• Avoid feeding apples, potatoes, or feedstufs that can lodge in the esophagus and block eructation.
  • Prevent infections with bovine respiratory disease complex, bovine leukemia virus, and tuberculosis.

East Coast Fever (ECF)

East Coast fever (ECF) is a tick-transmitted protozoan disease of cattle characterized by high fever, dyspnea , lymphadenopathy and high mortalities. It affects cattle in East and Central Africa, particularly in Kenya, Uganda, Tanzania, Rwanda, Burundi and Malawi.


The disease causing agent, Theileria parva is an apicomplex protozoan parasite. Classic East Coast Fever occurs in East Africa and is associated with T. parva transmitted from cattle to cattle by the brown ear tick, Rhipicephalus appendiculatus. ECF also occurs either as Corridor disease in eastern and southern Africa or as January disease in central Africa.


ECF affects mainly cattle but also buffalo, and occurs in countries in eastern, central, and southern Africa. Its occurrence is related to the distribution of the vector tick which has been recorded from large areas extending from southern Sudan in the north to western Zambia and eastern Zaire in the west, and to Mozambique and Zimbabwe in the south.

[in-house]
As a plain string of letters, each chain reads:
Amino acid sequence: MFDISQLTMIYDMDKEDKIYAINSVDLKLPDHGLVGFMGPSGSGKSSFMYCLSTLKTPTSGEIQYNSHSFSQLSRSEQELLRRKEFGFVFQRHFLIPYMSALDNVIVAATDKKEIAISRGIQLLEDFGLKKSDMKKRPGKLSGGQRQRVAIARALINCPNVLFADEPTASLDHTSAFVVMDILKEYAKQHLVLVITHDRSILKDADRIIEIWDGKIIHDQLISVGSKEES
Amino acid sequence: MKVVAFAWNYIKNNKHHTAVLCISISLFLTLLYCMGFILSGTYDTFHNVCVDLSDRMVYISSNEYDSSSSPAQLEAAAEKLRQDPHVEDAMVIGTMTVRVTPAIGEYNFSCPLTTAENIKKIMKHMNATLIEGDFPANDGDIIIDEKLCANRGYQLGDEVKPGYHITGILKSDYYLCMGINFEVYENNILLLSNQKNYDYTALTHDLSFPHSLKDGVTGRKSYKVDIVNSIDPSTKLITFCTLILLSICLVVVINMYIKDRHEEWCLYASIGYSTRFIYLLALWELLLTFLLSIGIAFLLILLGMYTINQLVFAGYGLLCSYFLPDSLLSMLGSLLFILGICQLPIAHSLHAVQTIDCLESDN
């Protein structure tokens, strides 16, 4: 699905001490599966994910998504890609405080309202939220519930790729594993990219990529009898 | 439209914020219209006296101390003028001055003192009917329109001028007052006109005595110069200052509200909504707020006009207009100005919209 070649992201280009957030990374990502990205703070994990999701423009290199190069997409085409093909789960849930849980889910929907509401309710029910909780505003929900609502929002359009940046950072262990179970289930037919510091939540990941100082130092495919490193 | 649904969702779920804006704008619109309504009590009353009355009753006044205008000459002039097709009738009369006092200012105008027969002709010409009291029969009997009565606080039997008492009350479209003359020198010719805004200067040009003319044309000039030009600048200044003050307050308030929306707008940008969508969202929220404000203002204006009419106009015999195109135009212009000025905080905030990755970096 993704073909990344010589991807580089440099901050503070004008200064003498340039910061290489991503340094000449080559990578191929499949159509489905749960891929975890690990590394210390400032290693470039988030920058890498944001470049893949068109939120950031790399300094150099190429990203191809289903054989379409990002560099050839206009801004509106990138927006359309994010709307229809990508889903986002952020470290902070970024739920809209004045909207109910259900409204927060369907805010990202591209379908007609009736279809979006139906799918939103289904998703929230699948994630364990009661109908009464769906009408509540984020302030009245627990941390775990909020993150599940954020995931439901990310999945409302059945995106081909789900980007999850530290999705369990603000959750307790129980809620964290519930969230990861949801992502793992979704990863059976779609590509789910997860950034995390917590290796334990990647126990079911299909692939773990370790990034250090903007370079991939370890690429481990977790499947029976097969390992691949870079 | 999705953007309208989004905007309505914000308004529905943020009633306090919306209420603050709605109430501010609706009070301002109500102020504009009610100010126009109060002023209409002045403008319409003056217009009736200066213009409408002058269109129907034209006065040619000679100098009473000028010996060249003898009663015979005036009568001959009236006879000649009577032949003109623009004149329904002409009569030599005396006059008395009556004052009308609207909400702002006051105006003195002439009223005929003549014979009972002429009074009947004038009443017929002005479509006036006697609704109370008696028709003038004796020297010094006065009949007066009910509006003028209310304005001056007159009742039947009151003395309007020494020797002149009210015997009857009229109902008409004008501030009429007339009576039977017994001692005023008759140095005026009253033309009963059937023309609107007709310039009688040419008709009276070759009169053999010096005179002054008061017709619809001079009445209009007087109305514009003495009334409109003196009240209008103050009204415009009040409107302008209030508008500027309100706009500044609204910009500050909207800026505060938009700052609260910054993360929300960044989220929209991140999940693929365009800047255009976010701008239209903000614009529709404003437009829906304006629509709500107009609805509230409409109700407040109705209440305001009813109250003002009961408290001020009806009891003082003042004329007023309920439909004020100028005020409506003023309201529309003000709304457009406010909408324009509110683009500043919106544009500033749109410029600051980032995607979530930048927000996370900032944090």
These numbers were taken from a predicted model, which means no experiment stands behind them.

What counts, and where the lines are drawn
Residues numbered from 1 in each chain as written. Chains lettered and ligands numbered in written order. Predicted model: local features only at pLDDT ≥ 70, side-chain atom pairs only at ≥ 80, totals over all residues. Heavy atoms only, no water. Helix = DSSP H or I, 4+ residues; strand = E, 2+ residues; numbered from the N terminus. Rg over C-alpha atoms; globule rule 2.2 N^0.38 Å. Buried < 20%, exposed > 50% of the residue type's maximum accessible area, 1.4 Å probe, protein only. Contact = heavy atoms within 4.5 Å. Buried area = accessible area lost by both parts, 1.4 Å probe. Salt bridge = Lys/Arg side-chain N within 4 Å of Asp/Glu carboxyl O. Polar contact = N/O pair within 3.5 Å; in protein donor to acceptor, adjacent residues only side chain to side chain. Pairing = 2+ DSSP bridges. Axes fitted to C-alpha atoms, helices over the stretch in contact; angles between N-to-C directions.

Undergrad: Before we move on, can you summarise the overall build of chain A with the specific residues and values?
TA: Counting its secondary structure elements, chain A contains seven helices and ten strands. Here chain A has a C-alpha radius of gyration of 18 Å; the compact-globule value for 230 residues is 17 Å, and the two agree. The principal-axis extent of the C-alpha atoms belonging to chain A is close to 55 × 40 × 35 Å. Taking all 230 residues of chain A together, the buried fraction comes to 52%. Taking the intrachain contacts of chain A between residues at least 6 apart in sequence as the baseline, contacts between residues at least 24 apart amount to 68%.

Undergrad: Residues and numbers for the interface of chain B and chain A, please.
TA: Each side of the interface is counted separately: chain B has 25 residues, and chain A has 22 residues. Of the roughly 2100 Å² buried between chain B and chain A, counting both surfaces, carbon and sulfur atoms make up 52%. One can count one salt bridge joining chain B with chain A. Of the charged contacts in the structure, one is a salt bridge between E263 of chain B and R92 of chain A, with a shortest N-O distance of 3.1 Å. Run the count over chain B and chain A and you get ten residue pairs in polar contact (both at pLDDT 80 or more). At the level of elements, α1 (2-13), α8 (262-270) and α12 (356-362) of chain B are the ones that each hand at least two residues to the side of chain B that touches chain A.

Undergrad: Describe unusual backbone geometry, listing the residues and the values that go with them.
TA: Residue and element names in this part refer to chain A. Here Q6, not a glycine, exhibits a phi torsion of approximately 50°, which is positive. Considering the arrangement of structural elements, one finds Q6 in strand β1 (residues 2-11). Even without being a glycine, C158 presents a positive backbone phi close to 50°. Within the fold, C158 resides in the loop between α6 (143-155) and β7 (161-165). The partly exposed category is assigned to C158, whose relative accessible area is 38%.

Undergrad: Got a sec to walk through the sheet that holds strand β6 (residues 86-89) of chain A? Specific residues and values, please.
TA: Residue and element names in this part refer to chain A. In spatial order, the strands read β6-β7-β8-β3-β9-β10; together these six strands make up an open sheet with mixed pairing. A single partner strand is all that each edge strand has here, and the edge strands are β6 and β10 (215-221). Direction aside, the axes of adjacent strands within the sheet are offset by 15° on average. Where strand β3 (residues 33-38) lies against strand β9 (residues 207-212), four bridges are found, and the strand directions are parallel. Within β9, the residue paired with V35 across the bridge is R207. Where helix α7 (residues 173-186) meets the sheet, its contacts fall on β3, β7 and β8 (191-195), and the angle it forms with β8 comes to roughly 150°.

The disease is prevalent throughout the wetter areas favoring the development of the tick, but is absent from the wet highlands in the horn of Africa. It has been eradicated from southern Africa up to the Zambezi River. The endemic scenarios range from a stable situation with high prevalence of herd infection but low fatality rates (endemic stability), to a low prevalence/high fatality scenario (endemic instability).